What is going on in Puerto la Cruz

It has been two weeks since I arrived in Puerto la Cruz.  Little by little things are happening.  After I had bought a dinghy from Heinz on Wednesday, I heart on the radio that another boat had a dinghy for sale.  I wasn’t going to go after it, but than I ran into the boat here at the dock and thought, well, why not, lets have a look.  And, I liked it a lot, the main advantage is that it has a more solid floor and an inflatable bottom.  Heinz was nice enough to take back the dinghy he had just sold me, and thus I upgraded.  A picture will have to follow.  I have been tinkering with the outboard, but so far it is running well.  Just the combined fuel and choke control, made from flimsy plastic is broken off.  I can work with it, but still looking at a way to really fix it properly.

We had an interesting experience this week with the wonders of Venezuelan fuel prices.  Local diesel and gasoline prices are absurdly cheap since they are subsidized by the government.  But, that is not meant for foreign yachts.  When a Venezuelan friend heart about that he offered us a truck delivery with diesel (unasked I need add).  Well, that was very nice, but unfortunately, it has to come with some additional paperwork, otherwise the marina would not allow the truck on the premises.  Much talking on mobiles and discussions at the gate followed, even an informal offer to grease the system was turned town.  Thus the very friendly offer of our Venezuelan friend ended up in vein.  We all felt very sorry for all the help he gave, but, that is just how it goes sometimes.

I have received an acceptable quote for the canvas work, after some delays (manana is a very common term in those conversations).  And tomorrow (yes!) I should here how quickly that all can be made.  Between the marina where I am docked and the different shops that do boat work there is some lack of cooperation.  I might end up changing marinas just to take delivery of the canvas. It will be interesting to see how that progresses.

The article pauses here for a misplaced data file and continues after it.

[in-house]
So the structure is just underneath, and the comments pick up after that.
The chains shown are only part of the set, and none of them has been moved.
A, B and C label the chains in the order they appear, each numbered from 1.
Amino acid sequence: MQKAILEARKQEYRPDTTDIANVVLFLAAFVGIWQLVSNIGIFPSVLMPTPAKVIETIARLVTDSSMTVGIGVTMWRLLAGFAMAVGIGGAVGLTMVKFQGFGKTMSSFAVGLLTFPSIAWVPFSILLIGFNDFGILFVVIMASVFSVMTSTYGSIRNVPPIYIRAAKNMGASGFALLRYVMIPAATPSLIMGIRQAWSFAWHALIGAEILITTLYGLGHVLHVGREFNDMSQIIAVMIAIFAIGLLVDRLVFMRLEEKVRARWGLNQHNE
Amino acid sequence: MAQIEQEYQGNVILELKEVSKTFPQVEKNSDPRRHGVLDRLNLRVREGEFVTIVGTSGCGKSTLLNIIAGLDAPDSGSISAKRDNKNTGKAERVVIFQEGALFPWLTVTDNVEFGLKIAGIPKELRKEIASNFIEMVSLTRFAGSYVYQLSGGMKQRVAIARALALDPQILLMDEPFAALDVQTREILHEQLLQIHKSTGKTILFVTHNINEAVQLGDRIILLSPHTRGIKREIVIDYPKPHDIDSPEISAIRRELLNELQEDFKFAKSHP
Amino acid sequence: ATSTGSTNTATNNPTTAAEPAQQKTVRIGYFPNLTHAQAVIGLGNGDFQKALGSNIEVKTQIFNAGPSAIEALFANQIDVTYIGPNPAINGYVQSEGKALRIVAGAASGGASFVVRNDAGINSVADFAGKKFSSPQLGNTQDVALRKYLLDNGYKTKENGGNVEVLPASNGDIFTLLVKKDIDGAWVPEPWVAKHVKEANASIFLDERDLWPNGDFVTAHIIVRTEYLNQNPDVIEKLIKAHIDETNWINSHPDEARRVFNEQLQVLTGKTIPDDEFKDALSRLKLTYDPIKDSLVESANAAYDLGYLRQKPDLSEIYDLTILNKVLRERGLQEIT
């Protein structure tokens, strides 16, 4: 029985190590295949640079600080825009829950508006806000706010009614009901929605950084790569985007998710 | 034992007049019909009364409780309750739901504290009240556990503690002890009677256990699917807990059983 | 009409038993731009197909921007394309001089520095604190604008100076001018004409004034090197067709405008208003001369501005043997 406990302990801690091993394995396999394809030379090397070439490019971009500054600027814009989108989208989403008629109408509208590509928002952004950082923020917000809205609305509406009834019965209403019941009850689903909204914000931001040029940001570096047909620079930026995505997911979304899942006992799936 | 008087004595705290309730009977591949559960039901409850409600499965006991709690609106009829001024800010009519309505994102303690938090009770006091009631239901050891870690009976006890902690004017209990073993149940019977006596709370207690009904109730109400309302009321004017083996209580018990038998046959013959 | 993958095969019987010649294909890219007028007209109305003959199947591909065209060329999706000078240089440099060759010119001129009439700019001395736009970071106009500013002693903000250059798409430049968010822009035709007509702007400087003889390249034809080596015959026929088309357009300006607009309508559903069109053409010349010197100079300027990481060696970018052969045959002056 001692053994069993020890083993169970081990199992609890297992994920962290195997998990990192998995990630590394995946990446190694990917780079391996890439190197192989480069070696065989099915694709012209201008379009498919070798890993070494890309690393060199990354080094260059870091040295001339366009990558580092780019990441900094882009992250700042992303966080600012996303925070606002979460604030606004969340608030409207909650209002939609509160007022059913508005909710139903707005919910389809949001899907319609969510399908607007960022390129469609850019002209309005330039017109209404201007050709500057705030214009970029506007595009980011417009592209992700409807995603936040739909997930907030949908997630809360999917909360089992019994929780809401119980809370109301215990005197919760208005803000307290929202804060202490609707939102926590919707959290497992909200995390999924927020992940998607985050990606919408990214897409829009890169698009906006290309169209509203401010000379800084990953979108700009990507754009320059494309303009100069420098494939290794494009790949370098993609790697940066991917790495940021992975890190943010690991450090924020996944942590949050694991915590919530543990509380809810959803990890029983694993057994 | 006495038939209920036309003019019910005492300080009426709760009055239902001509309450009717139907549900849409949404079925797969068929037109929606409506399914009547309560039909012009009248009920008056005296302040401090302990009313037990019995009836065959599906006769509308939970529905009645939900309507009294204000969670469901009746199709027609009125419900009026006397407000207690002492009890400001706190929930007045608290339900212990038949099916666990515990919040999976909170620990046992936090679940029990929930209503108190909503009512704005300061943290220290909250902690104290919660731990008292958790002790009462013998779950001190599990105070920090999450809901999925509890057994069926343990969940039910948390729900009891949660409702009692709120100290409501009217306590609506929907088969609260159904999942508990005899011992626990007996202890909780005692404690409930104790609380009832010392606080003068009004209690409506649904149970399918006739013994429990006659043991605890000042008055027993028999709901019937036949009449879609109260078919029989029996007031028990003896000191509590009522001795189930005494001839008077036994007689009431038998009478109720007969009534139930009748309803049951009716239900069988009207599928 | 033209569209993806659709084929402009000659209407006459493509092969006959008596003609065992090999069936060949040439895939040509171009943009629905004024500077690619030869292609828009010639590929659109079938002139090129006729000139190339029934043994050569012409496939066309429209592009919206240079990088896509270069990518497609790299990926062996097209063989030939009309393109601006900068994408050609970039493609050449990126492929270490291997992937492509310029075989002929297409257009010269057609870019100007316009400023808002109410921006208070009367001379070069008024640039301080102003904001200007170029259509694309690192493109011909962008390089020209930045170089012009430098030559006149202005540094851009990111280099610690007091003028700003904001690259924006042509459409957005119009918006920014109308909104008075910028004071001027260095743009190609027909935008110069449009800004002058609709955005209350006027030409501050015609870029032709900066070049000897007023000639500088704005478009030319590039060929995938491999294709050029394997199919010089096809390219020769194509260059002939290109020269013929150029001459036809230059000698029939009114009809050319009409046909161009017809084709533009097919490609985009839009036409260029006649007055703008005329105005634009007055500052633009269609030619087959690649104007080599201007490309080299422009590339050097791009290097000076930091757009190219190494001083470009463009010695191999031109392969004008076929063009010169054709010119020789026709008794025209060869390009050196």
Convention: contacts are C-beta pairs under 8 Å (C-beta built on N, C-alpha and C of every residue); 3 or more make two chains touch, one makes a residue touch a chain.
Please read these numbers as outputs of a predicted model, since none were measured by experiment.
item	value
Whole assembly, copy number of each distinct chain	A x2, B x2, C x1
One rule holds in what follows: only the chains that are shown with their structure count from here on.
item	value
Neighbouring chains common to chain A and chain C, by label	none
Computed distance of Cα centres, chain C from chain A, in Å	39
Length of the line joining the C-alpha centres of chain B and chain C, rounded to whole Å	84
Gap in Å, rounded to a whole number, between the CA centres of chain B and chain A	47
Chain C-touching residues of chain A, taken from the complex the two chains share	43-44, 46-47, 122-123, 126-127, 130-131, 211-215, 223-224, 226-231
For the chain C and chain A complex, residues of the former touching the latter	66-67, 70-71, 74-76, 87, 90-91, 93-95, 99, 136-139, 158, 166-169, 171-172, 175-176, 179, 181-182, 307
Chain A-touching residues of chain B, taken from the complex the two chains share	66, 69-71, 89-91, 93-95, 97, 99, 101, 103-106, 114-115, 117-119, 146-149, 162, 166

Last night we all went out for an Italian meal here across the canal (you can almost see it from the boat but it is a half hour car drive away).  Another Dutch lady was in town from Caracas, where she works as a journalist both for the ANP and Chavez’s news agency.  It was very interesting to meet her, giving us all a little more insight in the political landscape of Venezuela (which is not always easy to understand, neither from the outside nor the inside).  In short I can say this: the country is pretty much divided in two camps: pro- or contra Chavez.  The dividing line could be between the haves (who appear to live a comfortable and wealthy life, judging from the huge boats that come through the canal) and the have nots (which we can see a block away from the marina).  But, it is obviously not that simple.  Chavez indeed is a very good populist, he plays the PR game very well, but on top of that, he does also manage to get things going in a way that seem to be improvements (like infrastructure).  I the exchange rate is any indication, the economy is not that stable (the unofficial exchange rate between Bolivars and US dollars has already changed in the two weeks that I have been here, and we know that is not because of the strength of the US dollar).  Press freedom has been on of the issues that has go quite some attention internationally, though there are still plenty newspapers around critical of Chavez’ policies.  One TV station has been closed over the past few months, but apparently not all stations are run by Chavez (yet)?  Now, mind you, I have not talked to that many Venezuelans to gather this information (not speaking Spanish does not help that issue), but I am always curious to learn more about it.

Last night we went to a local bar with some meringue and salsa music.  But my dancing legs were nowhere to be found, so I just underlined the stereotypical north European lack of swing on the dance floor.  Some Italians that had  been around here for some time obviously had learned a lot more about the local dancing.  Nevertheless I did have a very good time.

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